It has been a decade since the United States Supreme Court took and decided a case on substantive trademark law. So, it’s worth noting when it does. On January 21, 2015, the Court issued a unanimous decision in Hana Financial, Inc. vs. Hana Bank, et. al.The question presented, and answered was whether a judge or jury should determine if “tacking” is available to prove trademark priority in a given case.
Trademark rights generally arise from actual use of a mark in commerce in connection with particular goods or services. Trademark usage may change over time, but where each iteration of a trademark is the legal equivalent of its predecessor, then prior use may be “tack on” to determine who used the trademark first. Various circuits have determined that a trademark owner may claim priority in a mark based on the first use date of a similar but technically distinct mark, if the previously used mark is the “legal equivalent” of the current version of the trademark, such that consumers would consider both versions of the trademark to be indistinguishable. But, who (the presiding judge or the jury) decides whether different uses are legal equivalents?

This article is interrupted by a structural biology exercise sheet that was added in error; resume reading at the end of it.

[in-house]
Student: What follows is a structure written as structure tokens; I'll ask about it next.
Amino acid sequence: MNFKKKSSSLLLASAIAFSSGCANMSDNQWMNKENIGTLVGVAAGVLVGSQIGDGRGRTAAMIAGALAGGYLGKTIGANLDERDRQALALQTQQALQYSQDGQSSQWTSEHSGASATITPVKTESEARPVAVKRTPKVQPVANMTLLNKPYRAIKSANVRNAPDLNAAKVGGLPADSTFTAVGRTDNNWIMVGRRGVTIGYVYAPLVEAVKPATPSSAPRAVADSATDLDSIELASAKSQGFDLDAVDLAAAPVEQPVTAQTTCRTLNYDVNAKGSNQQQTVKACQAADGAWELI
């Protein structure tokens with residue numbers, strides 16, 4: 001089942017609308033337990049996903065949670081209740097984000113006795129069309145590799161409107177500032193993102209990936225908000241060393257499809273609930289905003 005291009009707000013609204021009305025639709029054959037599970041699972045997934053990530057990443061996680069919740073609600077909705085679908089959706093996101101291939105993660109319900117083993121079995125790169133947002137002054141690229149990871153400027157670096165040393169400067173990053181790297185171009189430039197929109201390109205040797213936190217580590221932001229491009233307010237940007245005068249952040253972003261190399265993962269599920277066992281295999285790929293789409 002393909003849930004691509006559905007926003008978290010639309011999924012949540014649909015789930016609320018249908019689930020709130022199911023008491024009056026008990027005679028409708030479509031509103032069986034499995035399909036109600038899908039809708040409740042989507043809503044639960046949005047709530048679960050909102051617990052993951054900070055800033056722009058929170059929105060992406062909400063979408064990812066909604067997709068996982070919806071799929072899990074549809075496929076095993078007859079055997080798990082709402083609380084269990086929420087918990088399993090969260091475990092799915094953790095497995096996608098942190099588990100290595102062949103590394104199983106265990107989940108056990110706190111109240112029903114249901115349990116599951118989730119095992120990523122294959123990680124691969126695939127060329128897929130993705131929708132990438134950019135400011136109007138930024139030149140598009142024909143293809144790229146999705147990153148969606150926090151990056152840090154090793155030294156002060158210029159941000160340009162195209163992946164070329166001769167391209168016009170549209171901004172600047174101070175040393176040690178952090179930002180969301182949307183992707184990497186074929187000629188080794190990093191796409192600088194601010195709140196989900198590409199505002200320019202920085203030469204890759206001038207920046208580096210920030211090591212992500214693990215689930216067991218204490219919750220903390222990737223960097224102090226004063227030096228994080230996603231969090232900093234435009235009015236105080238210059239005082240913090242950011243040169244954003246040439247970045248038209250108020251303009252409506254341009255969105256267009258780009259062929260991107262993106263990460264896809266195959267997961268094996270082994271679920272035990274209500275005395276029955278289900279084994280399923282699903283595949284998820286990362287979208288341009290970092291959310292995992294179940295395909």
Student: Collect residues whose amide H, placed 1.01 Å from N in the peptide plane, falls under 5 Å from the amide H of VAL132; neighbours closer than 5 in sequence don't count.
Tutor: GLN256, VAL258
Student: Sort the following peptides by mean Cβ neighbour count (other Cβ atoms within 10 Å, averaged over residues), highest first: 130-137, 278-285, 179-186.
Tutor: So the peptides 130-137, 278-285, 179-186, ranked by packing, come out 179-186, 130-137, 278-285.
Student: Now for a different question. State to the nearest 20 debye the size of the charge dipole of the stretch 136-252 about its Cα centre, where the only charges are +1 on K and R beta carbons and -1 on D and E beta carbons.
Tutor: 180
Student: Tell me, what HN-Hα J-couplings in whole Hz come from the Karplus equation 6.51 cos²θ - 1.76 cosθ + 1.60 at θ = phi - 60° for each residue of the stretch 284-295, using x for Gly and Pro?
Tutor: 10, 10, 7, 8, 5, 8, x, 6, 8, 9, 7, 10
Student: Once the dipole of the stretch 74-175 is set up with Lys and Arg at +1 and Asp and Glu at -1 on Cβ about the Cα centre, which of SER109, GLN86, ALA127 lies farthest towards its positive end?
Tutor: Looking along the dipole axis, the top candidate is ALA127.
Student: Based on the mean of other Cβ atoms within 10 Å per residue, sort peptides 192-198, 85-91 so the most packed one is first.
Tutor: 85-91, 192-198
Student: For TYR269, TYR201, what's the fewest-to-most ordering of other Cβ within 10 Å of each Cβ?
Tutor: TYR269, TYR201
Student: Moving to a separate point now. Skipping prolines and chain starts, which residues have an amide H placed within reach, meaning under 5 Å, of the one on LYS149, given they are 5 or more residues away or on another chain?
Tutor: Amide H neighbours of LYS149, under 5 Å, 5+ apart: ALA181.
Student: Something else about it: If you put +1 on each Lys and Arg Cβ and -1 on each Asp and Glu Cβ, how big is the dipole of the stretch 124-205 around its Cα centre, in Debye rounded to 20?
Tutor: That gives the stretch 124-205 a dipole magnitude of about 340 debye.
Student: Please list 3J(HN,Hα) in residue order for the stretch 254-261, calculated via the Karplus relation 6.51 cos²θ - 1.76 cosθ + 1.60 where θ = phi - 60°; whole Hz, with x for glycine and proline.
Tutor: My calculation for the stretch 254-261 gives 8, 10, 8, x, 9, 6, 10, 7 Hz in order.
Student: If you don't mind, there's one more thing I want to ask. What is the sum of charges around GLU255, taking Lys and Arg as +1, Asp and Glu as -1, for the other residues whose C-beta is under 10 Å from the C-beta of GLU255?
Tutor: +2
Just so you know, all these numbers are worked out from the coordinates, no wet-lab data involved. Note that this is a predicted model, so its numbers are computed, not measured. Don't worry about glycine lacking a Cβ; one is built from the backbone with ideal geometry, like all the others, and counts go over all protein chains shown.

Justice Sotomayor authored the Supreme Court’s opinion, which stated that “because the tacking inquiry operates from the perspective of the ordinary purchaser or consumer, we hold that a jury should make this determination.”
Therefore, because the applicable test is dependent upon an “ordinary consumer’s” impression of a trademark, the Supreme Court stated that the application of such a test “falls comfortably within the ken of a jury,” as is the case in other areas of law when the relevant question is how an ordinary person would make an assessment of a fact-intensive answer.
One outcome of this decision is that cases in which tacking is an issue also will likely be more expensive to litigate, since parties are more likely to rely on survey evidence.
The full case may be found here: http://www.supremecourt.gov/opinions/14pdf/13-1211_1bn2.pdf